Orthogonal PersistenceThe term for a system's property in which objects persist until they are no more needed, neither before, which would make the system fail, nor after, which would waste (eventually all) the system's limited resources.
Here are two short stories to illustrate the idea. When my mother first used a computer, she spent the whole night entering in a database the references of books in her library. Then, she shut the computer down, and went to sleep. The next day, she turned her computer back on, and the data had disappeared! She didn't "know" she had to explicitly "save" the data before to quit the application. Well, persistence of data means that the data would have been still there; orthogonal persistence of data means that she wouldn't have had to care about it. At about the same time, I had a wonderful battery-backed programmable pocket calculator, that never lost its data during normal operation; actually it would lose its whole patiently typed programs when the battery die or if doing really buggy operations (particularly when programming in assembler), with no means to backup on tape or disk. So that my calculator's memory was orthogonally persistent, but unsatisfyingly, not in a resilient, fail-proof way.
Orthogonal persistence is quite a natural concept, because this is exactly what people need when manipulating objects, as what counts to serious people is not (just) the fun they have during a computer session, but the work they accumulate during successive sessions. Untrained people, like my mother was, expect data to be orthogonally persistent; progress in computer systems like elsewhere is in not having to care. If you're not convinced in orthogonal persistence being natural, imagine that there would be two kinds of papers, one that would persist, the other that would self-destroy after it's no more on the top of your desk; you could use the latter for short-lived drafts, but you'd use the former for anything that has any worth; and even when you're not writing things that ought to last, you might be using the persistent paper, just because it might unexpectedly turn up as more valuable than initially expected, and you don't want to waste your precious mind resources at assessing the real shortlivedness of your information, nor at making a copy: your time is much more precious than the paper. So the only time you use short-lived paper would be in specific, scheduled events, as part of streamlined business use. The same should eventually happen with computers: only as part of developing optimized applications would people ever care about using memory that isn't orthogonally persistent.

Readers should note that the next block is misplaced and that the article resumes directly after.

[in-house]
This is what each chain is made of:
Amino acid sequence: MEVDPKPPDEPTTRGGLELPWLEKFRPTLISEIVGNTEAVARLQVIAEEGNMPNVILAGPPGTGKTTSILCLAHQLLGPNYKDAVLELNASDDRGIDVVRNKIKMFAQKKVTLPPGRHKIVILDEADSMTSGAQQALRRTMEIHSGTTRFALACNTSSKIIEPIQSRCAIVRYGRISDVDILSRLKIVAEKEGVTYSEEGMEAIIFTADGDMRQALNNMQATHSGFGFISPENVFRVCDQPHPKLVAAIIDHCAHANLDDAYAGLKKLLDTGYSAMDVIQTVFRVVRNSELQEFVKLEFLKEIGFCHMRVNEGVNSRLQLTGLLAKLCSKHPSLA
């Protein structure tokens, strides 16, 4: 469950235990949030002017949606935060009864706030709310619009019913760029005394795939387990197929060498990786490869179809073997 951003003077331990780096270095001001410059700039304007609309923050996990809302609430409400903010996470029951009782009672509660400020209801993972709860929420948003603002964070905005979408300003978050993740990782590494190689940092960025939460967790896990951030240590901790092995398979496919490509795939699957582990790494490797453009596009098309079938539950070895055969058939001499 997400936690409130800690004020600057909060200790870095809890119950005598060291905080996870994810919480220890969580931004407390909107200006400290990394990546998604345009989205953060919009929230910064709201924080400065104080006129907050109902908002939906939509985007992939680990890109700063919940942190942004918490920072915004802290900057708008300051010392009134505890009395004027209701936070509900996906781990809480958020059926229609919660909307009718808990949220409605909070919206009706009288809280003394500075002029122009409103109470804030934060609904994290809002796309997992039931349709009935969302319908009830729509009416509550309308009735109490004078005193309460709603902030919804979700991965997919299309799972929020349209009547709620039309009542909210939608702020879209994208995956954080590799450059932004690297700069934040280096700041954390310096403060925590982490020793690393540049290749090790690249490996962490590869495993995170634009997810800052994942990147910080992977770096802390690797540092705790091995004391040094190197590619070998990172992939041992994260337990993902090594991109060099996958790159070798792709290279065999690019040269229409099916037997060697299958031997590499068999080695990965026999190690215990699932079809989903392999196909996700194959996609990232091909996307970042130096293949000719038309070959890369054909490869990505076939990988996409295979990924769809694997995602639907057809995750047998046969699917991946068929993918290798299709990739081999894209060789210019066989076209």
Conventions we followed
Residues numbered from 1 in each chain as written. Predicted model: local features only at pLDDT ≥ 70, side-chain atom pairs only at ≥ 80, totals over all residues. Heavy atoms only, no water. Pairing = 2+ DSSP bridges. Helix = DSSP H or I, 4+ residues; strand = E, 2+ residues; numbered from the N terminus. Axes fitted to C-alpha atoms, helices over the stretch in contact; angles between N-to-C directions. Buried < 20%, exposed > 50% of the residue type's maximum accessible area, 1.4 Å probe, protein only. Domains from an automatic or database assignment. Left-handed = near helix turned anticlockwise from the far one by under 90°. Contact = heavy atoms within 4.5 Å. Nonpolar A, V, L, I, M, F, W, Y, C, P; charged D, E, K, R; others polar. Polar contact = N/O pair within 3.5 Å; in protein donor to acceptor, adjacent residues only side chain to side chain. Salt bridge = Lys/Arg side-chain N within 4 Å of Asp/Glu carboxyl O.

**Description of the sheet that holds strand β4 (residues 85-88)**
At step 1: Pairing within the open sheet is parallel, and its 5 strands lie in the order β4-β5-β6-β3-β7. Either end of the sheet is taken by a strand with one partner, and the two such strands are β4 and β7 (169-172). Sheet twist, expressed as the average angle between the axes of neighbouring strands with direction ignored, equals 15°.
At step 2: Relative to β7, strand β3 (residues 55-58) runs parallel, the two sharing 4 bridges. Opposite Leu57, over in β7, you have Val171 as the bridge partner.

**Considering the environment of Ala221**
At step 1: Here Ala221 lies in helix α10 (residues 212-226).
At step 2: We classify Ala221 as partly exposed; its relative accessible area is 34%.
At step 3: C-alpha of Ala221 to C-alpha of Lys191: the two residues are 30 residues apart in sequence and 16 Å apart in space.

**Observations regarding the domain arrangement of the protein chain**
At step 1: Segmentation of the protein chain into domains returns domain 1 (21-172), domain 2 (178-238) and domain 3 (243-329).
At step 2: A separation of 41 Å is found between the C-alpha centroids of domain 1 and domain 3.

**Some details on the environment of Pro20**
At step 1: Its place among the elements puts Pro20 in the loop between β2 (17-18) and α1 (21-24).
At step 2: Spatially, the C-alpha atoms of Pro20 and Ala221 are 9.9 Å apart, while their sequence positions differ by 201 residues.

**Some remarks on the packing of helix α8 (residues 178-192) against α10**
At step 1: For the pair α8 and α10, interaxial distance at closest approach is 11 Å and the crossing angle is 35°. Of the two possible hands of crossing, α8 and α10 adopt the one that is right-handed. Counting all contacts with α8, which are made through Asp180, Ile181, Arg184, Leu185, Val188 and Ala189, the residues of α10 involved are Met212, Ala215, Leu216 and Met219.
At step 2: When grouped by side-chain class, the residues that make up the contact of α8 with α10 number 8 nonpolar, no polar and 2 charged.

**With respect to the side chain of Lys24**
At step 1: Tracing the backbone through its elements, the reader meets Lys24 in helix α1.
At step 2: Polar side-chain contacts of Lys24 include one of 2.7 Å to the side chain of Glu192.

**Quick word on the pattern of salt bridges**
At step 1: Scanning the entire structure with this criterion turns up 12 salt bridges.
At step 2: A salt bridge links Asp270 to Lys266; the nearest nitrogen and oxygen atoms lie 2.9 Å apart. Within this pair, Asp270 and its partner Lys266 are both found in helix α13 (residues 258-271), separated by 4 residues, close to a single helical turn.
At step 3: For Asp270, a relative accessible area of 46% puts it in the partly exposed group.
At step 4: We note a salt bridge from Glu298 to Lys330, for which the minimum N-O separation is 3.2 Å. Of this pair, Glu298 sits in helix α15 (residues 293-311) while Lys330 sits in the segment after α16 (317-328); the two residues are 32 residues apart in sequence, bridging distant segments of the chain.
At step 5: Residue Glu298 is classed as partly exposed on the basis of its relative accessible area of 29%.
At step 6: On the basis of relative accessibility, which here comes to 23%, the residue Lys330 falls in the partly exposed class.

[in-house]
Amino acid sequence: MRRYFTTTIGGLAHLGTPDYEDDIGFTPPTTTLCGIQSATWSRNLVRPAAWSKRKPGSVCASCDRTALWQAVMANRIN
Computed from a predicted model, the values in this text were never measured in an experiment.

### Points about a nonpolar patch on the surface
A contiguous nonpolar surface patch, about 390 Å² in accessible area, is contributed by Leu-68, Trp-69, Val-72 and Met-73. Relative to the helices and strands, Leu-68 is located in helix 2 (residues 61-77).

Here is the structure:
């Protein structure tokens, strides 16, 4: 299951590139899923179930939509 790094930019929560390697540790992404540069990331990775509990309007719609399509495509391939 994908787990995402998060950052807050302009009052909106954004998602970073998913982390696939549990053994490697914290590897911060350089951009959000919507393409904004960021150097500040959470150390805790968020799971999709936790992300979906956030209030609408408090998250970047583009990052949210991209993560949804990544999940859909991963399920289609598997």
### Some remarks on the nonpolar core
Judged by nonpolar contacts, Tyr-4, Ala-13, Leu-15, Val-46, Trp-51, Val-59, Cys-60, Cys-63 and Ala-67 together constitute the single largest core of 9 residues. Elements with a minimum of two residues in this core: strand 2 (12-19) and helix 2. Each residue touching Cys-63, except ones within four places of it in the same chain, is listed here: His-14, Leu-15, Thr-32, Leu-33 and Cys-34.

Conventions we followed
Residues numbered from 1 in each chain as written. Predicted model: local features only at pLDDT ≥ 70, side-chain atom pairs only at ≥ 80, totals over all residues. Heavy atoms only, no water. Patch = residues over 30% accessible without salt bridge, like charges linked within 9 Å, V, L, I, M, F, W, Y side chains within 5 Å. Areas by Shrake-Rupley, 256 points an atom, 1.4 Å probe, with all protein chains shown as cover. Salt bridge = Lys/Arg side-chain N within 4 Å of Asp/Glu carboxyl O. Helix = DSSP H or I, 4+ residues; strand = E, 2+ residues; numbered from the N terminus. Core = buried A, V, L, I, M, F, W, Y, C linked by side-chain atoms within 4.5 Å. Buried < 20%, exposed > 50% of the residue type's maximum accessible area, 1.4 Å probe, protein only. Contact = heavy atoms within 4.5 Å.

Now, no single traditional "industry standard" operating system supports orthogonal persistence. This is most ridiculous, very error-prone, completely insecure, and is a major source of overhead to both programmers (IBM evaluated overhead of explicit fetching and storing of data to 30% of total program code, not taking into account check, conversion, and recovery of data), and users, who must constantly worry about saving their data, and are subject to horrible failures after some bug or accidental shutdown prevented the completion of explicit data save.
One alleged reason why orthogonal persistence was not accepted is because it is said to be too expensive to implement. It is not, as some systems like Eumel or Lisp systems showed. A tradition developed to have non-persistent systems, and require users/programmers to explicitly save and restore the state of the objects they use from low-level persistent media.
Such an unbearable state of fact is a proof of either the complete stupidity of corporate system software designers, or their utter despise of the computer users, or more likely, both of them. As usual, the only justification they give for that is a blind following of an obsolete tradition, that they impose by force, because with it they racket the whole world, whereas good software would free the world from them.
Actually, as the discrepancy of speed between of memory components and computing units grows everyday larger, it becomes everyday more obvious that DRAM is really another cache between the CPU and persistent storage, just like (zero to two levels of) SRAM and CPU registers before it. There is no reason why normal users should still have to explicitly fill and empty this cache, when all these things could much more reliably be done automatically by the computer itself. The fact that flushing be done by system software or system hardware is utterly irrelevant to the user, who considers these two as a whole when using them.
Of course, by reserving one computer per user, letting it continuously turned on, with the same session running, persistence can theoretically be achieved, but at the first bug or power-failure, everything will be lost, whereas the traditional policy is to allow plenty of bugs to exist, and to propose rebooting as a usual technique to get around them. The problem with Orthogonal Persistence is thus one of reliability and performance.